However, I’ll confess that I’m stating a general principle, rather than any careful analysis of the options with this particular pile of money. And in any case, bus hours are hardly the worst thing in the world, and I won’t let the perfect be the enemy of the good.

      3. I share the general preference for capital expenditures, and it’s worth noting that SDOT could have chosen to blow their whole wad on peak trippers (which would indeed sit in traffic), but chose not to. Instead, they chose to mostly spend money on what I think is the single biggest obstacle to car-free living (outside the Rainier Valley and a few other places), namely the lack of transit that runs at least somewhat frequently in the evening.

        Many of Metro’s peak trips are (over)crowded, but Metro can still do a pretty good job of getting you to the urban centers for work; it’s the evening where Metro fails much of the city.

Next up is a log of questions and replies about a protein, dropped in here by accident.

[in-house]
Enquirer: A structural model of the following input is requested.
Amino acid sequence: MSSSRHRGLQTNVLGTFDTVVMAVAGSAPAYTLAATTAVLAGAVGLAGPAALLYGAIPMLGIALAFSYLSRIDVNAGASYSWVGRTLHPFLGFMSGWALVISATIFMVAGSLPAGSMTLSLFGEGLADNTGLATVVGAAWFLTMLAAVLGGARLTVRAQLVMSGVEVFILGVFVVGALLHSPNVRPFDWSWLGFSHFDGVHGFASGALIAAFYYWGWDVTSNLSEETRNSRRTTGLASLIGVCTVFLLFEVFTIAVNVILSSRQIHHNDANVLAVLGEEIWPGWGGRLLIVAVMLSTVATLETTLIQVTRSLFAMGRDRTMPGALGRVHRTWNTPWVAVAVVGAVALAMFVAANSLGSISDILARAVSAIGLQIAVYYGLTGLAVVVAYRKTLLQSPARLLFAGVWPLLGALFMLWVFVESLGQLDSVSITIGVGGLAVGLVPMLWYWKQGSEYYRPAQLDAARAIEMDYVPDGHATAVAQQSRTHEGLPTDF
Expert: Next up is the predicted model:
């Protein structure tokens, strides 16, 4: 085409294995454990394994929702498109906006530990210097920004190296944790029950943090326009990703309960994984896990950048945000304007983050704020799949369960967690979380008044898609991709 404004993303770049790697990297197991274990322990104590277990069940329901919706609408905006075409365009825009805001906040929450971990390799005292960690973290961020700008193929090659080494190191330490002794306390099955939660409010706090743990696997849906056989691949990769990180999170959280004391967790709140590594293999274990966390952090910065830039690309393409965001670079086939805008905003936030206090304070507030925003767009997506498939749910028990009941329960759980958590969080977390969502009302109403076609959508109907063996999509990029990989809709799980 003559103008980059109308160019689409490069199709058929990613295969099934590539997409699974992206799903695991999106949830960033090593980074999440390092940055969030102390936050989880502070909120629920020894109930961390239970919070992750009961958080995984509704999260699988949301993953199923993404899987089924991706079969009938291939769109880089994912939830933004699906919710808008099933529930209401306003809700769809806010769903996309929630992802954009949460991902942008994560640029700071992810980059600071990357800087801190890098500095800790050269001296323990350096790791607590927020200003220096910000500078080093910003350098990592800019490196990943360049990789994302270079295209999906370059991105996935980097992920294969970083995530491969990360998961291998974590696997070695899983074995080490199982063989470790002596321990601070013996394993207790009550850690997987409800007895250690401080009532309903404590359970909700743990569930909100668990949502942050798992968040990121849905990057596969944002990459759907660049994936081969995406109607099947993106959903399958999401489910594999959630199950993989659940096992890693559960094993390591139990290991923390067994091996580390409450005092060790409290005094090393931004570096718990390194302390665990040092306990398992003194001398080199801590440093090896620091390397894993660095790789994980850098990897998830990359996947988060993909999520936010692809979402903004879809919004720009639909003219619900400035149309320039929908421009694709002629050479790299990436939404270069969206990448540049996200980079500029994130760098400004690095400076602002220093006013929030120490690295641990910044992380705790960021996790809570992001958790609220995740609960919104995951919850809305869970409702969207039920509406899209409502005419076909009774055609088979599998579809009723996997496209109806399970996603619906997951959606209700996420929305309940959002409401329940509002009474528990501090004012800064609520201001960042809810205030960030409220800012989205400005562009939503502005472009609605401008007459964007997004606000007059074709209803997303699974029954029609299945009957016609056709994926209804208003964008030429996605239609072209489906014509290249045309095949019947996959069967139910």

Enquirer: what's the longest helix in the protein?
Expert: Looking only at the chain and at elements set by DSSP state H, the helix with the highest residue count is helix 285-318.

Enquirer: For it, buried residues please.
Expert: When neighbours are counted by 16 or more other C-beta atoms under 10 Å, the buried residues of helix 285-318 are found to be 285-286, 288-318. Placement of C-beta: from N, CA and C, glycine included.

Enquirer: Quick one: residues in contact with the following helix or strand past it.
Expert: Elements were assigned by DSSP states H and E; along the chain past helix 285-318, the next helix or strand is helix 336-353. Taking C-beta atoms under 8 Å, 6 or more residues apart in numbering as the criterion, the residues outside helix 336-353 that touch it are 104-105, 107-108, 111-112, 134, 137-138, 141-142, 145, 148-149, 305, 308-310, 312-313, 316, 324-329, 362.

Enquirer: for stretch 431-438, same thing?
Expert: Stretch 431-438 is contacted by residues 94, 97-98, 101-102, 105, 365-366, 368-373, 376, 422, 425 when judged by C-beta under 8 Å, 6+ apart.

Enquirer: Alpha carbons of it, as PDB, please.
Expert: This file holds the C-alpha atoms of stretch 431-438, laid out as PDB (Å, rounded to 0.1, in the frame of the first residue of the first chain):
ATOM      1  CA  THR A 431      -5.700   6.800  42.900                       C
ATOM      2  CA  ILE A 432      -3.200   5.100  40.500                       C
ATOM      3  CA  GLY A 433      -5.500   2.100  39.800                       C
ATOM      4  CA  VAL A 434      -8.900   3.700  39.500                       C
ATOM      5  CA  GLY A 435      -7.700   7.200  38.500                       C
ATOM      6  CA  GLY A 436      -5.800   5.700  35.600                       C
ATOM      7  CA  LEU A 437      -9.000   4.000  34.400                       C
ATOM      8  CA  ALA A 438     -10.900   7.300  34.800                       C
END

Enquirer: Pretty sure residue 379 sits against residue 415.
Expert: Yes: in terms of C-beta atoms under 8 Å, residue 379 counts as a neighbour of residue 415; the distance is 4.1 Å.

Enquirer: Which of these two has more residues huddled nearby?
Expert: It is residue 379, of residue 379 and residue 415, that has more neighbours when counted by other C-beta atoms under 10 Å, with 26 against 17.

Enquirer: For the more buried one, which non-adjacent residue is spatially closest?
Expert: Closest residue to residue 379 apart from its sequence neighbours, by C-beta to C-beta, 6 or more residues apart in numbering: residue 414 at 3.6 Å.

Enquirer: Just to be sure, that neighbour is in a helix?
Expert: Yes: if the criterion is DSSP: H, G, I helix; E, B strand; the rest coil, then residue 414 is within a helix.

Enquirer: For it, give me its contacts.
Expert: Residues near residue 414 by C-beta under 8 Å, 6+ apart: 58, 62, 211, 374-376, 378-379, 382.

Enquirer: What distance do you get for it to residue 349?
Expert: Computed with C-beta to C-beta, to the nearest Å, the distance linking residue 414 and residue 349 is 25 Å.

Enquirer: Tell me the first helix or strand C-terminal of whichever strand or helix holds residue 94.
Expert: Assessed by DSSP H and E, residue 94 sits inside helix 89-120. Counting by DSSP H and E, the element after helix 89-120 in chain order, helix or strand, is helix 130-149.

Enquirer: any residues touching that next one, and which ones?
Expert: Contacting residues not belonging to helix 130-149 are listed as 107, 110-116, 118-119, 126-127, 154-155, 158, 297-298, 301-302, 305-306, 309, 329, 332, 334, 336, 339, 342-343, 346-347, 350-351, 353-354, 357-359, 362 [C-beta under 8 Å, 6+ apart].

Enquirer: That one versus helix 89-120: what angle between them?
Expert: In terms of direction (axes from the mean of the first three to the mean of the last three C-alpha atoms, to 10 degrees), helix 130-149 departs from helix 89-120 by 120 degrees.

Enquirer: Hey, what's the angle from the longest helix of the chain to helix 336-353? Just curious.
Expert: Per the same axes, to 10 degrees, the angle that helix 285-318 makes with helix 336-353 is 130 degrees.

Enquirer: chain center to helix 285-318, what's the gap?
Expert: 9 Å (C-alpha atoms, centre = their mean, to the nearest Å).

4. Martin, I am increasingly of the opinion that the Uptown Detour — which constitutes 40% of the run time between Market and downtown, in both directions, day or night — cannot be solved without eliminating it entirely.

        As long as RapidRide remains imperceptibly faster than any alternative, fails to achieve spontaneous-usage frequencies at any time outside of rush hour, and itself drops to headways of 30-40(!) minutes before 11pm, it cannot be treated as a trunk line worth walking distances to. At least not without making a mockery of the kind of mobility you would claim to be working to enable.

        Until there is evidence of a real commitment to effective trunk services, rather than lip service, I will support targeted schedule gap-filling like this for proven all-day services.

      5. “Instead, they chose to mostly spend money on what I think is the single biggest obstacle to car-free living (outside the Rainier Valley and a few other places), namely the lack of transit that runs at least somewhat frequently in the evening.”